Believe it or not, General Motors was ahead of the curve when it came to electric cars, and then their program just vanished. The EV1 was one of the first mass-produced electric cars that gained a mainstream following. Unfortunately, GM deemed the program to be a threat to the sales of their full-size SUV models and canceled the program altogether. They trashed practically every EV1 ever manufactured instead of selling the cars at the end of leases.
The EV1 is probably one of the most evident stories of greed in the automotive industry. Consumers were hungry for a functional electric car, and the EV1 was as close to perfect as you could have gotten back then. Sadly, the GM EV1 never managed to see the new millennium and even spawned the hit documentary film.
The 1990s were a time of innovation at Chrysler like never before and the company was striking hit after hit with consumers. The Plymouth brand was sort of a sore spot because it didn’t have a brand identity like Dodge and Chrysler did, which meant a halo car was needed. Inspired by a Chip Foose design, the Prowler looked like every bit the retro hot rod. The only problem was that Chrysler forgot to give it power and stuck a standard-issue 3.5L V6 under the hood.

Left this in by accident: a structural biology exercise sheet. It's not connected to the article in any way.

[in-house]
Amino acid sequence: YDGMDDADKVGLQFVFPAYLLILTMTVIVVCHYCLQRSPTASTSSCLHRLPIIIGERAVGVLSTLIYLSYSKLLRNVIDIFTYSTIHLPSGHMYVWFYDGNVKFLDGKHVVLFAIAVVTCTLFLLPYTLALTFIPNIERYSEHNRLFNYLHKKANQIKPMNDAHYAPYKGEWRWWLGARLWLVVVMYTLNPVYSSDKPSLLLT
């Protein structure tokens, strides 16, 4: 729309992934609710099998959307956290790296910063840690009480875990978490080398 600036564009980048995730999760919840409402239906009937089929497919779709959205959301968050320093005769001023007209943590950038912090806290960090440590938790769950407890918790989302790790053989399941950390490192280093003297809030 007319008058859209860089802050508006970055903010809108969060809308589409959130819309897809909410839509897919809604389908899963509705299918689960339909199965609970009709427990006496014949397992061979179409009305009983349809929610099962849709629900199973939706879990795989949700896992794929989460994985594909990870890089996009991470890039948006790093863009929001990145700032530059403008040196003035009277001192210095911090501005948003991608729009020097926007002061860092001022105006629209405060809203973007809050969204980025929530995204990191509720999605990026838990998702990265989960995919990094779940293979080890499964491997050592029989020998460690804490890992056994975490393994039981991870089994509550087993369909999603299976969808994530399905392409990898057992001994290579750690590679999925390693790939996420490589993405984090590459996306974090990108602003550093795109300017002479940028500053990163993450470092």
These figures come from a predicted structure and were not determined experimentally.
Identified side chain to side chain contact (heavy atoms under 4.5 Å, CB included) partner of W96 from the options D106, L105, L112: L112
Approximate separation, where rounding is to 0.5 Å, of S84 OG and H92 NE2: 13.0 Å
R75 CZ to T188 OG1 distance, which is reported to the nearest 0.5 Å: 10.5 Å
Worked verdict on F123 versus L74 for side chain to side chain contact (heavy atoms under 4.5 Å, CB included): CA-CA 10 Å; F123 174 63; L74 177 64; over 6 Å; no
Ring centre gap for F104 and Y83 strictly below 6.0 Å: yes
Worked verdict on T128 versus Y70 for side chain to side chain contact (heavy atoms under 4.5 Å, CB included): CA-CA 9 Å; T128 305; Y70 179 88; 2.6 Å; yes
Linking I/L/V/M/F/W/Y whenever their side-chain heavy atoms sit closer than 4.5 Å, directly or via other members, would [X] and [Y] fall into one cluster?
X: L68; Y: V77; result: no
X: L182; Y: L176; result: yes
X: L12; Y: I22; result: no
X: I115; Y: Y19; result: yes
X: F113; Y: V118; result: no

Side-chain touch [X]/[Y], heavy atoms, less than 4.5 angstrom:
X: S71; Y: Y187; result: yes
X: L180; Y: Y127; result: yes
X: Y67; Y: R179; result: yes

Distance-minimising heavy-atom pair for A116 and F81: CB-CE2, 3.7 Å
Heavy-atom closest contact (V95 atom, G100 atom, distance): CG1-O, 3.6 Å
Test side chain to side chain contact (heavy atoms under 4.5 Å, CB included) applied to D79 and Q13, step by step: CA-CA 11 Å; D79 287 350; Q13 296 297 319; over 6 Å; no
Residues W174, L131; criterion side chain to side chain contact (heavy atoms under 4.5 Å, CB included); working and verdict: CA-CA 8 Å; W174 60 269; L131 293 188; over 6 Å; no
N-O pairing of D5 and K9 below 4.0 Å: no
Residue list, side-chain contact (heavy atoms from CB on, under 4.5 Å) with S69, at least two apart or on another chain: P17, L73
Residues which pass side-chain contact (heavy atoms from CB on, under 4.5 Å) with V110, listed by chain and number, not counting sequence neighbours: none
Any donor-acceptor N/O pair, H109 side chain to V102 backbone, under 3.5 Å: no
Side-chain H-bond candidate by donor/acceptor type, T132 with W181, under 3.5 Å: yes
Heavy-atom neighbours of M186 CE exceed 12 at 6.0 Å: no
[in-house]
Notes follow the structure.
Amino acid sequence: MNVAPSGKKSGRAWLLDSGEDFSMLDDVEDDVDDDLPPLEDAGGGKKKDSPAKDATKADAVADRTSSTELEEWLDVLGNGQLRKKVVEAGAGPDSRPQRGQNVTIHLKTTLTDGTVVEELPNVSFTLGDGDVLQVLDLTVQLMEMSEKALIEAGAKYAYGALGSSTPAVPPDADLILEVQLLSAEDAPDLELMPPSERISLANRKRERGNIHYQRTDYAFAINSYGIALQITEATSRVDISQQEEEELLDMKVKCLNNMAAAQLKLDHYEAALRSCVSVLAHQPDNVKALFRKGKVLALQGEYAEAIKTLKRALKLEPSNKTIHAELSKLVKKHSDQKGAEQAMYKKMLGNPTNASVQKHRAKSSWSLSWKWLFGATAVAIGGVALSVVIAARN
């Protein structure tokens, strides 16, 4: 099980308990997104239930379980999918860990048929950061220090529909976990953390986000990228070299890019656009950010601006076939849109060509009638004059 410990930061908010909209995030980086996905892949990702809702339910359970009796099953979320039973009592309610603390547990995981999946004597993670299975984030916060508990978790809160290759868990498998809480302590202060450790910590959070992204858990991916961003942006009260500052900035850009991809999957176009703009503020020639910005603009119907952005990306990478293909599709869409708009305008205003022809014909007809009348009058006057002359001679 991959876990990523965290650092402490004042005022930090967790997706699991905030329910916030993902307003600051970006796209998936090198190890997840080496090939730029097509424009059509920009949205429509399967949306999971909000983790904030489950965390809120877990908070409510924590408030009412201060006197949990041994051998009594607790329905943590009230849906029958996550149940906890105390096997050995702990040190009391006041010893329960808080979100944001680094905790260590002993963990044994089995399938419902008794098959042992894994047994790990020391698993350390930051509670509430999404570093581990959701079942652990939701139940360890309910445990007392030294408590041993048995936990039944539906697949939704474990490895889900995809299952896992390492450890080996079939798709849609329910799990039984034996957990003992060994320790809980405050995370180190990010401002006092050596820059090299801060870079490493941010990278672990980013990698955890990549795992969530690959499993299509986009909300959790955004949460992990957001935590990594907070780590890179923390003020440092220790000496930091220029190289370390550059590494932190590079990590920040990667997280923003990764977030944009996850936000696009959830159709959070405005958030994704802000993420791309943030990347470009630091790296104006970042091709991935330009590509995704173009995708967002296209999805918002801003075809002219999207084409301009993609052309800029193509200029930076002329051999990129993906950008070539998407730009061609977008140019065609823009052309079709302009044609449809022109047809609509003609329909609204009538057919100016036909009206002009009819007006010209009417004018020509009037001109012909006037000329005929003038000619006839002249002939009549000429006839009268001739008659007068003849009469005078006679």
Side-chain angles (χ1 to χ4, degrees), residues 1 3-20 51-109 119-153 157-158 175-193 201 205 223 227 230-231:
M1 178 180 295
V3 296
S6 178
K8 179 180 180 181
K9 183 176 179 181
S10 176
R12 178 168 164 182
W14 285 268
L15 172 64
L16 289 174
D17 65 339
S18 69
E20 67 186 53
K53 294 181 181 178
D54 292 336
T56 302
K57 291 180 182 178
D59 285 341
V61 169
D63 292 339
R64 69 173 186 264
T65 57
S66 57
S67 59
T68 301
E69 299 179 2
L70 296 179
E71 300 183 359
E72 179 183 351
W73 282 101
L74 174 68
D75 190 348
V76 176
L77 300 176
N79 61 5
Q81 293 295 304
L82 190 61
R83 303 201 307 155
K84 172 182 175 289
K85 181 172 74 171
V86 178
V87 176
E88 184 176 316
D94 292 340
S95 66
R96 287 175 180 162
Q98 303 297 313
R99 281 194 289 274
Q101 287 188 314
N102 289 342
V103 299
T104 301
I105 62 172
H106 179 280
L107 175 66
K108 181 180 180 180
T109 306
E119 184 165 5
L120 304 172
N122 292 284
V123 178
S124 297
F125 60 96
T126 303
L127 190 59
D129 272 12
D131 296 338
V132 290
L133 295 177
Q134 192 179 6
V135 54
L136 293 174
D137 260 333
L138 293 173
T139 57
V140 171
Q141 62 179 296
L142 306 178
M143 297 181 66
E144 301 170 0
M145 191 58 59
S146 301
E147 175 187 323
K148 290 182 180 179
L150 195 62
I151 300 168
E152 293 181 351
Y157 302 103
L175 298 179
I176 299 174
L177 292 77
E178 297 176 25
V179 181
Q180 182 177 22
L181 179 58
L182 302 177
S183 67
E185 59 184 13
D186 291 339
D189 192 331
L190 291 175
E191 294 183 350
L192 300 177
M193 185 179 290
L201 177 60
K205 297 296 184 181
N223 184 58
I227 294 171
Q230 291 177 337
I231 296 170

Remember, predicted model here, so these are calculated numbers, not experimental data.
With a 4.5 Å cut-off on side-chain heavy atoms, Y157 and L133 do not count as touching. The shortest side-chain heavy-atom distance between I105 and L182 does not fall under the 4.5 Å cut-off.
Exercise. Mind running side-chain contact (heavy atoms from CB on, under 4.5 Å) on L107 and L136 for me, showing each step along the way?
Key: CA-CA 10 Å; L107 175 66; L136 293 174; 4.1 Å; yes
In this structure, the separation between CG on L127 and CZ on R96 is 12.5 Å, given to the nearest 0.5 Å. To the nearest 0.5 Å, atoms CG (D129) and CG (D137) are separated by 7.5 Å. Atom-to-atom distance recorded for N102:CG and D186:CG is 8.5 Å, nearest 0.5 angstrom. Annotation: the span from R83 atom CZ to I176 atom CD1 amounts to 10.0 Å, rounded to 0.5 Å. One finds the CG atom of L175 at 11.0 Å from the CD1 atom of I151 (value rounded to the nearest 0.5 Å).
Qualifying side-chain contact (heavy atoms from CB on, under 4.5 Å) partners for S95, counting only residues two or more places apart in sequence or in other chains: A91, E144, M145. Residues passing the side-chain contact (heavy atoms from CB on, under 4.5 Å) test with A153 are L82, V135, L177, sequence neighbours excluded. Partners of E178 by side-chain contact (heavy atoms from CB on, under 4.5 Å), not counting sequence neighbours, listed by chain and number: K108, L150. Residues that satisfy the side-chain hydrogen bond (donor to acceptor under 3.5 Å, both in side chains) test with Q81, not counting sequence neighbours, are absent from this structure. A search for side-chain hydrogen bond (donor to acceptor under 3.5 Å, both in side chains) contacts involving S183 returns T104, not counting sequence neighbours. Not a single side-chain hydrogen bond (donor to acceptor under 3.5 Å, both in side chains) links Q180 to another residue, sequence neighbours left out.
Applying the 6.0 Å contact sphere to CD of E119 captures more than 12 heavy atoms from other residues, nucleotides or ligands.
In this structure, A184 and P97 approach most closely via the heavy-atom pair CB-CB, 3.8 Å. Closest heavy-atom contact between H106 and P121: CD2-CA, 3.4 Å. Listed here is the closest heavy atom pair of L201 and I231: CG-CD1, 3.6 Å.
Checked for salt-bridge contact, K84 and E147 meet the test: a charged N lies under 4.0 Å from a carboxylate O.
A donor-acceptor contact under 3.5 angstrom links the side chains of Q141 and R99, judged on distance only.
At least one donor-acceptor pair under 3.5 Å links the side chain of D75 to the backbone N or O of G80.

Needless to say, consumers weren’t impressed and the Prowler became more of a showroom piece than anything. Sales were low and Plymouth was eventually discontinued in 2001, at which point the Prowler became a Chrysler for a few more stagnant years. Had Chrysler incorporated a V8 powerplant, the Prowler could have been a smash hit.
Ford never had a direct competitor for the Chevrolet Suburban and consumers were hungry for something that was a tad bit larger than an Expedition. The interesting thing about the Excursion was that it featured the same Triton V10 as the Super Duty pickup truck. The design of the Excursion was fairly basic and the price tag was extremely high, which drove a lot of consumers away.
Gas mileage was also horrible and the Excursion was released right on the heels of the 2008 economic recession. Interestingly enough, the Excursion has become highly sought after on the used car market, with consumers flocking toward the diesel version of the truck. A used Excursion can potentially set you back quite a bit of money for a clean example.
The Jaguar X-Type is a fun-to-drive and well-designed car if you can find one that still runs. The X-Type was a notorious failure for Ford, as the company owned the Jaguar brand. The problem with the X-Type was that it wasn’t a Jaguar at all, instead, the platform was used in many other Ford vehicles. Reliability on the X-Type was downright awful, and consumers would spend more time in the shop than on the road.
Repair costs for the X-Type were also very high, which didn’t sit well with a lot of consumers. You couldn’t buy a brand new X-Type without coming back to the dealership time and time again. There was a limited-edition V8 model of the X-Type but this too had a lot of reliability issues. The value of the car on the used market is barely anything and parts are expensive.
GM has been at the forefront of a lot of segments in the auto industry. The company was attempting to embrace future crossovers with the Pontiac Aztek, but what happened was the car was shunned. From a design standpoint, the Aztek is known as one of the ugliest cars ever made.